Tuesday, May 26, 2009

A shelter idea

Tomorrow at 10AM Sister Libby of Loaves & Fishes and officials from the local chapter of Volunteers of America will be holding a "press conference" at L&F's Delany Center parking lot to rev-up demand that the city and, particularly, the county provide funding for shelter space for our metropolis's homeless. Loaves & Fishes, today, ballyhooed the "press conference" for the benefit of denizens of its facility to stir up attendance tomorrow. [There's a substantial threat of loss of beds, as of July 1.]

Since SacHo ardently wants what's best for us homeless – practical shelter and aid to uplift us all into position to again be thriving and productive citizens – we, mostly, want L&F and VOA to succeed with their effort tommorrow. But we mustn't be fooled: the county has a staggeringly large deficit and the homeless aren't a political force. [There is some hope, though, that via an end-around, stimulus money for mostly-new programs will, somehow, "free-up" funds for shelter for the esconced homeless.]

One necessary component to get the whole homeless-aid situation turned around, though, is reform of Loaves & Fishes and Volunteers of America, themselves.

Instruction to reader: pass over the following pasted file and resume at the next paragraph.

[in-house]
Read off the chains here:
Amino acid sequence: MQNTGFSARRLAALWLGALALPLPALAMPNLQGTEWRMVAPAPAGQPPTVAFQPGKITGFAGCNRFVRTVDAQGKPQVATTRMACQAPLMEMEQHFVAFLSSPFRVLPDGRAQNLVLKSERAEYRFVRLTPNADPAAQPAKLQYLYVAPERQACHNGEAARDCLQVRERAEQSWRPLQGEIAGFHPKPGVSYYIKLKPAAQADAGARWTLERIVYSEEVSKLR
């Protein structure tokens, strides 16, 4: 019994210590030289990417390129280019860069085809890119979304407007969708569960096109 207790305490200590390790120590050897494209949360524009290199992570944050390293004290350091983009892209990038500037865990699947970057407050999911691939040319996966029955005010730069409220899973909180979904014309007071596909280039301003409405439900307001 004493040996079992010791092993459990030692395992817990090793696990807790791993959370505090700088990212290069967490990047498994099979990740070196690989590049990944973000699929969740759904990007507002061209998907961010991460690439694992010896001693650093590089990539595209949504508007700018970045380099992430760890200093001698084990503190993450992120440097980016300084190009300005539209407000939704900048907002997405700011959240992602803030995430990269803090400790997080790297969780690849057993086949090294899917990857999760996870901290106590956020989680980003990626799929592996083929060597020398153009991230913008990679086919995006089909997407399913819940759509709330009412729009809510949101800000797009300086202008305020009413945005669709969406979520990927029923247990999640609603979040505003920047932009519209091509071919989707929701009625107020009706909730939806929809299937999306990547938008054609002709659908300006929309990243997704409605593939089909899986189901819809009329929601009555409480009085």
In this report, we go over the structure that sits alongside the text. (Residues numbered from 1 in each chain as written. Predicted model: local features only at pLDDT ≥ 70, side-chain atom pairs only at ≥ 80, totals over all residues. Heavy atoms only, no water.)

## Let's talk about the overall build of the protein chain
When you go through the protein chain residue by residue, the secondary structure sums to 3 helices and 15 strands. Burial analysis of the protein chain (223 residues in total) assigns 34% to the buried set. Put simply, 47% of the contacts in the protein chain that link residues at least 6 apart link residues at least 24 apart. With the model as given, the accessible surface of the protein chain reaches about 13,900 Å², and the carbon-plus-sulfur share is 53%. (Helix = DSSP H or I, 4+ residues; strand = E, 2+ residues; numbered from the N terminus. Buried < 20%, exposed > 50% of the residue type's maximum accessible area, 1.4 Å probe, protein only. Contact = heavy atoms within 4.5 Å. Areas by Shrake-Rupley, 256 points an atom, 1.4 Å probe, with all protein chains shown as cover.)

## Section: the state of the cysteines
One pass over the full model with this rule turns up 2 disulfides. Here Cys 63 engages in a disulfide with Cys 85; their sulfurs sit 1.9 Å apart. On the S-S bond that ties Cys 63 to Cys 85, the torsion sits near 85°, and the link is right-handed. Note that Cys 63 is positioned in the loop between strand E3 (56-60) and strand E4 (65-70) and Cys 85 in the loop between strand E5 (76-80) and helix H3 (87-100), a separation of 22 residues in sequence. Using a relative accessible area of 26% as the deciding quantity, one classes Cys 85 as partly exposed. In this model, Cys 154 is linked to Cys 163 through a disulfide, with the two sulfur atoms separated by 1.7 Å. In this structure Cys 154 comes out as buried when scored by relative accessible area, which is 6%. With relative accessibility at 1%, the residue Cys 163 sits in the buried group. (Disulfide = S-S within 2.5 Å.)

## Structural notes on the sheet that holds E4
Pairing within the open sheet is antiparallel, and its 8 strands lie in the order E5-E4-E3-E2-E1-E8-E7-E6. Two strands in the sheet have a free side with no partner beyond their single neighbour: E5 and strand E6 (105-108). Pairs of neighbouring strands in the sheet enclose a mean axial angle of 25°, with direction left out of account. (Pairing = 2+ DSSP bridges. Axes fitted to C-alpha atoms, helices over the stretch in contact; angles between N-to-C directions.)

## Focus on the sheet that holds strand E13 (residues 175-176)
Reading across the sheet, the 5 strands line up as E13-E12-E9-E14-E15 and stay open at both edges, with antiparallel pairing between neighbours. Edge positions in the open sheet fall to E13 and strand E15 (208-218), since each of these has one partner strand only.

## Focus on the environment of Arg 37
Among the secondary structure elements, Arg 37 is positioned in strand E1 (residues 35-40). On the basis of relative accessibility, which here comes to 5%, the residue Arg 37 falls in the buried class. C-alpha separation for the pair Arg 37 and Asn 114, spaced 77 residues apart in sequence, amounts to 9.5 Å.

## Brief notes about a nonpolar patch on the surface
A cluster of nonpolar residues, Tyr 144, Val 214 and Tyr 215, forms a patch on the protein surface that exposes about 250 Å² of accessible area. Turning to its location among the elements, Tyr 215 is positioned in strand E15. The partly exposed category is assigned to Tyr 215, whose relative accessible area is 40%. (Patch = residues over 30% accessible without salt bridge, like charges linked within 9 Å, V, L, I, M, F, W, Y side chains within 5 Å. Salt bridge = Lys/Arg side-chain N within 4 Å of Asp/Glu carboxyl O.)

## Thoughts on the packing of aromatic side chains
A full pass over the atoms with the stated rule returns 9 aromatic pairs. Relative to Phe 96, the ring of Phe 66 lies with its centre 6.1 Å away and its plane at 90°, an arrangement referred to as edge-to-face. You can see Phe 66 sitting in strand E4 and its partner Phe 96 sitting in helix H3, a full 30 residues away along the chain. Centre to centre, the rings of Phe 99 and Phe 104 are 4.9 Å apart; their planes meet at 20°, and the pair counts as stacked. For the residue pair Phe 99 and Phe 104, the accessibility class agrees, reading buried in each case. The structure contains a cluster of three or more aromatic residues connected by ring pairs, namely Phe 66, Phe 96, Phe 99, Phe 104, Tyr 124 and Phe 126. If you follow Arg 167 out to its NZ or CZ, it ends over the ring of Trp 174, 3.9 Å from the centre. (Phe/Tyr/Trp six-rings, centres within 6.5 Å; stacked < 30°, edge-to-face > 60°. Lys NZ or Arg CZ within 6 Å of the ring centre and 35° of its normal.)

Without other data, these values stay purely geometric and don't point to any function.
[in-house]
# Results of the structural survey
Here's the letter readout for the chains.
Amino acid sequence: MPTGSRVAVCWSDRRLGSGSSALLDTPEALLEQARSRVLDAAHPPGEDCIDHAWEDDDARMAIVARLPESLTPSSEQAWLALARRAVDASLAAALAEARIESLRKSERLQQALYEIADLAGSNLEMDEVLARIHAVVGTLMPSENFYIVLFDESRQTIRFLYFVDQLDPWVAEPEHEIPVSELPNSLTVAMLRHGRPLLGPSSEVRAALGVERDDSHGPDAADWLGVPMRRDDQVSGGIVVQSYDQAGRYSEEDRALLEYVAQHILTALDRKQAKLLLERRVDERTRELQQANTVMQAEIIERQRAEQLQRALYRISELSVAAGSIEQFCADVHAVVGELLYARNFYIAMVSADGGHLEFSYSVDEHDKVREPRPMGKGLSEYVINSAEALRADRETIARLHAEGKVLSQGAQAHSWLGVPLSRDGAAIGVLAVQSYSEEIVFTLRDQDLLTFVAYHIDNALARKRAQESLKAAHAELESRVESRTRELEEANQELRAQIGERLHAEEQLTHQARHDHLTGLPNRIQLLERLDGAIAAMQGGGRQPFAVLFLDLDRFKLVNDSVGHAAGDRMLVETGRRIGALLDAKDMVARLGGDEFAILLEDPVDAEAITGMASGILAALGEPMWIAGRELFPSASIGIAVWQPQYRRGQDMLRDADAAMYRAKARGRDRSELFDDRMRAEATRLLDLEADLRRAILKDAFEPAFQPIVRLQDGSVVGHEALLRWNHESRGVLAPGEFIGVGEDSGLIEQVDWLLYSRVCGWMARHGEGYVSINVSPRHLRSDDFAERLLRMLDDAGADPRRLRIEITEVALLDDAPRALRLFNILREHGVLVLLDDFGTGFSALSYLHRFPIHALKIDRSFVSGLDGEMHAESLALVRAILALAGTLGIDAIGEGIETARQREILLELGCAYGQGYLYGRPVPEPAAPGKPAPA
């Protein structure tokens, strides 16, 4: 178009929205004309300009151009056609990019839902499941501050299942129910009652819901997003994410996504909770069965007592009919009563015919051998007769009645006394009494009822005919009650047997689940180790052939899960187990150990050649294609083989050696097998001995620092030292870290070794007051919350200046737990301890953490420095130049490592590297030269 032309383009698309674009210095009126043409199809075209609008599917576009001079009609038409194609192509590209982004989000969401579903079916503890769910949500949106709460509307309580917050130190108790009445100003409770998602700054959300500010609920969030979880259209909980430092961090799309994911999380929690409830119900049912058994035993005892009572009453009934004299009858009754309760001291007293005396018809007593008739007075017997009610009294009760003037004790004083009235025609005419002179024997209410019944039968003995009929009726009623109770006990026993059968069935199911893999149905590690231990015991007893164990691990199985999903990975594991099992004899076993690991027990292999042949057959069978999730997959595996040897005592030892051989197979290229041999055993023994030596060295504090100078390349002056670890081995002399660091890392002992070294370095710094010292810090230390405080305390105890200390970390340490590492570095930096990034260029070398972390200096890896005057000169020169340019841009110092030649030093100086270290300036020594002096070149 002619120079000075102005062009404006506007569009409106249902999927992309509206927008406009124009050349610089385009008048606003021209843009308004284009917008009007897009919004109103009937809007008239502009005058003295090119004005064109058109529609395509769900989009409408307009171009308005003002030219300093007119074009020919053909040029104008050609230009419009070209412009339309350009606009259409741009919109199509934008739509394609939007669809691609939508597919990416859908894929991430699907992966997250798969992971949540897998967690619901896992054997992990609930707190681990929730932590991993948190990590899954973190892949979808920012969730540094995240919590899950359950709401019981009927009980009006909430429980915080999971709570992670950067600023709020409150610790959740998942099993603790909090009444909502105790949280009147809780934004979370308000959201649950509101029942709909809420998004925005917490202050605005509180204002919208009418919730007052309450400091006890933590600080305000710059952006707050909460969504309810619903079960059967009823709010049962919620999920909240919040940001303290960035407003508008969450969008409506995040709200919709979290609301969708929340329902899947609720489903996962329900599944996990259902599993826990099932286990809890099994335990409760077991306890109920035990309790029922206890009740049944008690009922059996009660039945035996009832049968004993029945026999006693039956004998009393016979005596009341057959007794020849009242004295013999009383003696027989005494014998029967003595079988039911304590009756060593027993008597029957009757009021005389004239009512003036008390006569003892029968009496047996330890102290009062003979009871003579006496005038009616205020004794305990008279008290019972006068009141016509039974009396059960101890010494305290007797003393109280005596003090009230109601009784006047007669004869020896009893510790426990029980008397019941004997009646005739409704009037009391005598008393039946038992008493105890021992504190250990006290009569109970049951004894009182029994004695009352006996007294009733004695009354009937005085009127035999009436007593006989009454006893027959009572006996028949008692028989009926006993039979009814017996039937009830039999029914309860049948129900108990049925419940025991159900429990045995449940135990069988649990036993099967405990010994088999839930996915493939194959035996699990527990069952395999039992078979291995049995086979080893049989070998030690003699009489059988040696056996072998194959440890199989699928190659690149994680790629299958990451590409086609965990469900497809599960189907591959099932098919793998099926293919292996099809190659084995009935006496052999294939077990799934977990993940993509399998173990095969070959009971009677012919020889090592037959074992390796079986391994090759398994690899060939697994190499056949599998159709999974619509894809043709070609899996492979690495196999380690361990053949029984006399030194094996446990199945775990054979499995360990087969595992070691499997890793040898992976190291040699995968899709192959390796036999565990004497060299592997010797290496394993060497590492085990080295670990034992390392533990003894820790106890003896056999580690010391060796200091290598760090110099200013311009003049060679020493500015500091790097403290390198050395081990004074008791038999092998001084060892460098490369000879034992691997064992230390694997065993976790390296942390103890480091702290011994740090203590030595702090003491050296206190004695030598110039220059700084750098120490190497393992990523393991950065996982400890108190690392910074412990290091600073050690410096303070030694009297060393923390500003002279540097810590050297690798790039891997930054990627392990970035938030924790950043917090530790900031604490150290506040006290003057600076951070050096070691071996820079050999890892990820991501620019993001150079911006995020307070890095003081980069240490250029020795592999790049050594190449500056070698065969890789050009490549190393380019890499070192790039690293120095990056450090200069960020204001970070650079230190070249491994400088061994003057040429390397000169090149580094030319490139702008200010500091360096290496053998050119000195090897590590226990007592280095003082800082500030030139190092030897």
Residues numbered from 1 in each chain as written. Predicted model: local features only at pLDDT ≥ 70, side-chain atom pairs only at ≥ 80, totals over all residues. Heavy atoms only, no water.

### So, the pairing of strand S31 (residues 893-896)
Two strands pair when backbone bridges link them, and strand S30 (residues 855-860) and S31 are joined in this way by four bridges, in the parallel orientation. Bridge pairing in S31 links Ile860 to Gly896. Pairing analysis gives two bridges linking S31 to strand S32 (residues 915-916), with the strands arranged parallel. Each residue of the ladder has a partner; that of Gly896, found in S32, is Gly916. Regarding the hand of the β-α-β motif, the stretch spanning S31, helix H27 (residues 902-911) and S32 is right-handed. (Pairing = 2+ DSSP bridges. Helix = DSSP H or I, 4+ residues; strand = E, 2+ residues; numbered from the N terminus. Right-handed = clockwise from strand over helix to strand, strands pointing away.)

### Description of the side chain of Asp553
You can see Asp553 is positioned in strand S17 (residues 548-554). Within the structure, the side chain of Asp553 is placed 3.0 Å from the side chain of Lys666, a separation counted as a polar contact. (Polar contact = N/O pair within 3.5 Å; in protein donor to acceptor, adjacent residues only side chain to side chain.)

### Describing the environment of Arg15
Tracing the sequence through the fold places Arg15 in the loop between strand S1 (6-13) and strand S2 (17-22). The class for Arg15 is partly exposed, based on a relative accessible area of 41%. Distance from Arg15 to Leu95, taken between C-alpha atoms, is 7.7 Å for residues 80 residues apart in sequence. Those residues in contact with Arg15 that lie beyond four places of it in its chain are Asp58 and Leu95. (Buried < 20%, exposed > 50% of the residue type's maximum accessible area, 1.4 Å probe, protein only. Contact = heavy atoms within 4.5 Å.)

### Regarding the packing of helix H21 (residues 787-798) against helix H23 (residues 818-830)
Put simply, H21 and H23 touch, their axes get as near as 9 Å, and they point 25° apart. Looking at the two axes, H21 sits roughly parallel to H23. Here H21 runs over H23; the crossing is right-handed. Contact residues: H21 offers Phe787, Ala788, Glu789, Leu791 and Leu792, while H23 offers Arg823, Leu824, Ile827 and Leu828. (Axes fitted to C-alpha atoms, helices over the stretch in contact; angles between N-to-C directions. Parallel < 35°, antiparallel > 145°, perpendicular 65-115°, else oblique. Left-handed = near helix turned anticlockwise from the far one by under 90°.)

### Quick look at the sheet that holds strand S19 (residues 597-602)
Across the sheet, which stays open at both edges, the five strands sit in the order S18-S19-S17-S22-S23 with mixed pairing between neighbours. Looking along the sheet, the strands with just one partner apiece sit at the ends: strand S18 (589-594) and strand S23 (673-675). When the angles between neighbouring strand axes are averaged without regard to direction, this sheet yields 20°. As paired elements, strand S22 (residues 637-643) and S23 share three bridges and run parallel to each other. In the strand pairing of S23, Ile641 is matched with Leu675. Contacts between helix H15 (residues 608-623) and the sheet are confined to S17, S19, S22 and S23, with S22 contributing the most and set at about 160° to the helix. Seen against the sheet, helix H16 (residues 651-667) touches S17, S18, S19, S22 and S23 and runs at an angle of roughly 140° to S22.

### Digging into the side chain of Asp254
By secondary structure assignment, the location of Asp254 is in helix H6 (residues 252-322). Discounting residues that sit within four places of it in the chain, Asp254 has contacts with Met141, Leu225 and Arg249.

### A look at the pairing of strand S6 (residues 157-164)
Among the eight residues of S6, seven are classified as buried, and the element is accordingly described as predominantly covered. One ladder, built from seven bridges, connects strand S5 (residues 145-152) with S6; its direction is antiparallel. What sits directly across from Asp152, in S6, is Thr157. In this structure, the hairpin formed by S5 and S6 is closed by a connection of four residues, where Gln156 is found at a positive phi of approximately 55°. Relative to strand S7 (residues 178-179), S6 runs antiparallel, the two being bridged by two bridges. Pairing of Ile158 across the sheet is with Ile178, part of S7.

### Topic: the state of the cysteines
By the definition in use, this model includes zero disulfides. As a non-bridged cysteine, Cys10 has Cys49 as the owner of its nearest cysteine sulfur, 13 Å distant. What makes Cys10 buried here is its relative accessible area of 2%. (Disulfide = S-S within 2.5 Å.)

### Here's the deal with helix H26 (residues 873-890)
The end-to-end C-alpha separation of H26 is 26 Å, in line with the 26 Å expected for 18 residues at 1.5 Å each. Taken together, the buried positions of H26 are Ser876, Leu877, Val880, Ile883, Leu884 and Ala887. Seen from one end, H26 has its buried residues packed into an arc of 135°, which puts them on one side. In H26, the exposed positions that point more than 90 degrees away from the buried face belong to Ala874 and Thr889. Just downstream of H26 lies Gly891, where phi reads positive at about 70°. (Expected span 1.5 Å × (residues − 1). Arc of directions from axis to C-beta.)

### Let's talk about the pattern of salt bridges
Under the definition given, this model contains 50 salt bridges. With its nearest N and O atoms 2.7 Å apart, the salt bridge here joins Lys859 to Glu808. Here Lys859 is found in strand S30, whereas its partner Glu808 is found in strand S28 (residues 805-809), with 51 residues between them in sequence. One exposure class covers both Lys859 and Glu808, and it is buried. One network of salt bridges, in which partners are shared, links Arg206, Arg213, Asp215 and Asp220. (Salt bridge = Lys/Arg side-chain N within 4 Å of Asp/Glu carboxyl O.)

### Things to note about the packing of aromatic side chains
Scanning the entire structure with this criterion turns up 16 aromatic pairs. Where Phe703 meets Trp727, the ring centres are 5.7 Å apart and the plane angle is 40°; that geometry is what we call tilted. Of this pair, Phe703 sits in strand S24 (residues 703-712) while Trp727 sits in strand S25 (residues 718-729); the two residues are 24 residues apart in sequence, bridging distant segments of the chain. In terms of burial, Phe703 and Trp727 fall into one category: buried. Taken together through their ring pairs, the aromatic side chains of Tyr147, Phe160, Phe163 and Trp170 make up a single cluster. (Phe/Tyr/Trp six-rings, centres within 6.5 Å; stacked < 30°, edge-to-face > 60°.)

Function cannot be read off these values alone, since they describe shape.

Loaves & Fishes has long been identified, and properly so, as an "enabling" organization – "homeless daycare." While the organization can be pivotal toward aiding homeless people to pull they lives together and set them on a path of happiness and productivity, it is very often, too, an obstacle and frustration for homeless folk because of its unreliable hours of operations and services.

Homeless people find their lives wasting away, walking in circles, at the L&F complex, or stuck in the tarpit of Friendship Park, waiting for the narrow, specific time in a day when a needed service might be offered.

Volunteers of America has become a bloated bureaucratic nightmare that gobbles up homeless people's time. Its administration of Winter shelter has been condemnable, amounting to a ~16-hour daily lockup of people forced by circumstance to have to stay there.

Volunteers of America promised great improvement to Winter shelter when the city provided a massive infusion of funds to expand it and keep it going three months beyond its March 31 close. There were no significant (or even noticible) improvements. Same old; same old.

But here's an idea. Loaves & Fishes a few months ago tore down a building on its property that was being used, in part, as a kennel. Today, the space is just dirt surrounded by a fence. That space, a good fractional part of an acre, would be perfect for a small tent city. You want shelter, Sister Libby? YOU provide it – at least in part. You can talk the talk (when the cameras are rolling and there's no danger of arrest); but can you walk the walk?

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